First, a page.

The title is another matter. With a greatest hits album, you have two ways to go: you can choose something creative -- like Don Henley's "Actual Miles" or the Stones "High Tide and Green Grass" -- or you can hit people over the head with the fact that it's a greatest hits album. Just call it "So-and-so's Greatest Hits." Once again, Seger, or Punch, or Capitol took the dull, safe, obvious way.

I know what this proves. It proves the demands of my fandom are great: having tasted sweet elixir from Seger so often, I want sweet elixir every time, and a greatest hits album with an ordinary title seemed like a letdown. Which is how the AOL Hoax was born.


The Unsuccessful AOL Hoax

In August 1994, the Seger Distant Early Warning line went off. It was Randy this time, with e-mail:

"Heard on the radio this morning that a Seger greatest hits compilation will be coming out in mid-October (or, as the annoying DJ insisted, 'Rocktober'). It's supposed to include two new cuts. My guess is you already knew all this."

In fact, it was news to me. I answered: "Two new tracks after three years...well maybe one of them will be Can't Hit The Corners...Hopefully they'll do the collection package up right -- with some live cuts, etc. But who knows, given Seger and Punch's conservatism."

I called Capitol and someone in their PR department unenthusiastically read me the track list. No "live cuts, etc." The songs included are classics, no question...but they are also exactly what you would expect. And of course, I already have them on their original albums.

I wanted to tell Bob and Punch to release something a little out of the mainstream.

After a bit of brooding, I hit upon the idea of the AOL hoax. There's a Seger board on AOL; I could post my complaints on there. But I'm just one crank -- what possible influence could I have? On the other hand, if I could set off a groundswell of people calling for a more adventurous approach, maybe the media would pick it up -- in late 1994, a grassroots uprising of fans in cyberspace might have seemed newsworthy.

The plan was simple enough. Everyday I would change my AOL screen name and post a new comment about Seger's forthcoming Greatest Hits album. It would be a running conversation with myself, but since I'd keep changing my identity, it would look like fans of all stripes were challenging Seger/Punch to be more progressive. After a week or so, I'd copy the whole thing and e-mail it to Gary Graff at the Detroit Free Press. I figured Graff might report on this, and Seger and Punch might read it and think, 'Hey, the fans want us to be more adventurous. Let's pull out all the stops and do a boxed set with a lot of unreleased stuff on there.' And it would all be because I tricked everyone into thinking that my views were really everyone's views.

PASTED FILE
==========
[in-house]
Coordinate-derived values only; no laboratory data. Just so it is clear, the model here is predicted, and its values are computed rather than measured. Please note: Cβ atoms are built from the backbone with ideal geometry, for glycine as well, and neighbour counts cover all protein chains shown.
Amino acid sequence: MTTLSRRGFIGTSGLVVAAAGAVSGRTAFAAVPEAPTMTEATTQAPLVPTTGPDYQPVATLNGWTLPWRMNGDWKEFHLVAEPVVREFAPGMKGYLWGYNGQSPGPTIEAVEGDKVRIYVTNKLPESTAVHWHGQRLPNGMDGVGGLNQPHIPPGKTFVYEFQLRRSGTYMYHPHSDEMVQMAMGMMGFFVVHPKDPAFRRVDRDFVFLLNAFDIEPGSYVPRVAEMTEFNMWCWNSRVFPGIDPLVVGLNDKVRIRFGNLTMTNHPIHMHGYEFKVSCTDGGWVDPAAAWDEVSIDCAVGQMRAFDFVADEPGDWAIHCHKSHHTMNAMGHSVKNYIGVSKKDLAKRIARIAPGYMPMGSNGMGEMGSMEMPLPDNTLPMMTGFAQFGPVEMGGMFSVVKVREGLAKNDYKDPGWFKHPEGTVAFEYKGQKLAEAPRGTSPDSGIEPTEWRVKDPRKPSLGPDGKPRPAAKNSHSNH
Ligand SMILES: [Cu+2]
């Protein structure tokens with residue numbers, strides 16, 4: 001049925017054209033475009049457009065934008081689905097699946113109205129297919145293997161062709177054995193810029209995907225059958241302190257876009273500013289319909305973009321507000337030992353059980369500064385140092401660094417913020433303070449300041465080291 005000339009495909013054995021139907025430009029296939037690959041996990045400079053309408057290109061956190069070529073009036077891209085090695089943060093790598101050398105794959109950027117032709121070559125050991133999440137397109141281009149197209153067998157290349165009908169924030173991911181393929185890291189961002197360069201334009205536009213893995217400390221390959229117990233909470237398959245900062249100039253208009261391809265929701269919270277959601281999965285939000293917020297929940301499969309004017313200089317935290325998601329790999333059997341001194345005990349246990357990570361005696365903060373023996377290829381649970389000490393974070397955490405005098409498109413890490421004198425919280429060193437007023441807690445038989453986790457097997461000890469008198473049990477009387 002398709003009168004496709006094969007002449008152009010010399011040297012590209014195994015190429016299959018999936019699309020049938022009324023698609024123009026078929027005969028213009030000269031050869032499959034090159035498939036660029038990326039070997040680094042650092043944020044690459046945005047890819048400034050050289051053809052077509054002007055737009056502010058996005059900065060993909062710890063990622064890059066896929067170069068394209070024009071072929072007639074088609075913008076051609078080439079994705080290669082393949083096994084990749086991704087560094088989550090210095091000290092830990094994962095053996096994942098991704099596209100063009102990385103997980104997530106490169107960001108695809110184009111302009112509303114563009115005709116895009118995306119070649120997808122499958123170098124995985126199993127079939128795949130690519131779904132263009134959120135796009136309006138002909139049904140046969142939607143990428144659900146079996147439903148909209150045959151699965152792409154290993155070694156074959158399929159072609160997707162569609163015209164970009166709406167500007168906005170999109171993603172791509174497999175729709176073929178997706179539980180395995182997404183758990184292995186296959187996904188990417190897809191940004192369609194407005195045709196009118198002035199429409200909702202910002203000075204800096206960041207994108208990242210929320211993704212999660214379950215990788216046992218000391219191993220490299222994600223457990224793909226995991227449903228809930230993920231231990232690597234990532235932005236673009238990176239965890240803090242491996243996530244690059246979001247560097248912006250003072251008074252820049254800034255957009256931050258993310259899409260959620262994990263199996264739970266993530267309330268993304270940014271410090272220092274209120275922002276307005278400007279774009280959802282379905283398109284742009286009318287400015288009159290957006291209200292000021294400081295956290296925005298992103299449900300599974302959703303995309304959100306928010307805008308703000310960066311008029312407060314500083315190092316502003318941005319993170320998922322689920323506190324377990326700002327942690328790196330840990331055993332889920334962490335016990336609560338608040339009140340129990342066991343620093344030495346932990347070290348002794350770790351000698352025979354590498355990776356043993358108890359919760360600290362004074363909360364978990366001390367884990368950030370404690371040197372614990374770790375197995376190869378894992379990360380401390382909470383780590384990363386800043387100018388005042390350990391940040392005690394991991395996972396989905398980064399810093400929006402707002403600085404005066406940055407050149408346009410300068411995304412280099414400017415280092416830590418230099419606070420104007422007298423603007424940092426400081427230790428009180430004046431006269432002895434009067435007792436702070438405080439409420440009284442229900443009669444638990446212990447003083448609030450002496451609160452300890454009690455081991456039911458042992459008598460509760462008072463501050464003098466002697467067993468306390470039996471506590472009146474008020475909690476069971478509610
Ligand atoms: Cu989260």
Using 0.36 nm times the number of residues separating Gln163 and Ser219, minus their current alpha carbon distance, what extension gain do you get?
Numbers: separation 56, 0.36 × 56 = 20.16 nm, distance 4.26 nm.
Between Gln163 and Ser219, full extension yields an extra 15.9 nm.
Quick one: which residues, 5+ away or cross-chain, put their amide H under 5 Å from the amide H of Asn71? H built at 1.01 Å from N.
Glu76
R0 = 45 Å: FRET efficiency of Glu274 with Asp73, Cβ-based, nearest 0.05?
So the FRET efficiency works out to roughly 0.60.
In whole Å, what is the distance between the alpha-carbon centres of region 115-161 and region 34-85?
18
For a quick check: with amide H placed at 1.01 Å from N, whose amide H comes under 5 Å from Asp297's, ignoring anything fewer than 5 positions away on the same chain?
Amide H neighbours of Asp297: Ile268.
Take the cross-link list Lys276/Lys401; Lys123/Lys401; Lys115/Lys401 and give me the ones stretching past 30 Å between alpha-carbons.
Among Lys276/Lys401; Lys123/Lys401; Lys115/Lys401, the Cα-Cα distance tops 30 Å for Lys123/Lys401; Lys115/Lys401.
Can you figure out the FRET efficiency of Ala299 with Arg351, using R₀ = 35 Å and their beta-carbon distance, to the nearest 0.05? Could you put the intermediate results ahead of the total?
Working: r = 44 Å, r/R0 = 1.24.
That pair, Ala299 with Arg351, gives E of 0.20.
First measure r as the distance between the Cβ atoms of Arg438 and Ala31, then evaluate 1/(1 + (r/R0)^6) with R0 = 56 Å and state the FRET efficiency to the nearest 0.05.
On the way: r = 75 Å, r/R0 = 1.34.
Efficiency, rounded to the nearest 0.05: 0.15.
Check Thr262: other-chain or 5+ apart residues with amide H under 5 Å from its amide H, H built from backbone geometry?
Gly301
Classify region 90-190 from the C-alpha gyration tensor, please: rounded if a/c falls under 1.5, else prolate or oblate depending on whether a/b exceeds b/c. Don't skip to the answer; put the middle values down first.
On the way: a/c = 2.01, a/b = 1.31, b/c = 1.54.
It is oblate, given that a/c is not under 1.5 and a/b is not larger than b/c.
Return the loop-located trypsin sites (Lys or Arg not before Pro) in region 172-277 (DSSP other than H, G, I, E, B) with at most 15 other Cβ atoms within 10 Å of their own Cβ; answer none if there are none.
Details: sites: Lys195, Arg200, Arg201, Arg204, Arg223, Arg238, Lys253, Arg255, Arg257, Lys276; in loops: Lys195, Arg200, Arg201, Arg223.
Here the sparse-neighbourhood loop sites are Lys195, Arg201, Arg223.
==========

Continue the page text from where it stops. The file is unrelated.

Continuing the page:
There was one problem. No one else posted to the folder. My critical comments, my overboard opinions, drew no interest. The grassroots effort produced no turf. Then one day I signed on and the Seger board was gone. The AOL master computer must have known that all the people were really me. It zapped the Seger board and replaced him with a Linda Ronstadt board. So much for my one-fan uprising.

For those of you who missed it -- and that would be all of you, I guess -- here's the running conversation I had with myself, complete with the fake names I used.

RebopX: "Seger's new album, Bob Seger's Greatest Hits, is scheduled for release in late October. After looking at the track list, it can only be described as bland. How come so many less talented artists offer boxed sets, unreleased tracks, live versions, etc., while Seger -- who has the best voice and in the business and superb songwriting skills -- gives us a play-it-safe single album?"

JanVle: "My theory is that it took Punch and Bob so long to make it, that now they're afraid to make a move. They're afraid if they do something a bit different, they'll wake up and not be famous anymore. I think the reverse is true. They're becoming so predictable and risk-free that it's hard even for diehard fans to stay interested. This is just the latest example. What a great voice. Too bad we can't hear more of it."

GoodWtch: "Capitol says it's a single album because of Bob's respect for his working class audience -- he doesn't want them to have to put out a lot of money for a boxed set. I don't think that's the real reason. Seger's audience is mainly in their 30s and early 40s. They can afford a boxed set -- especially from someone who puts out two albums per decade. It's not like we're going broke out here buying Seger product."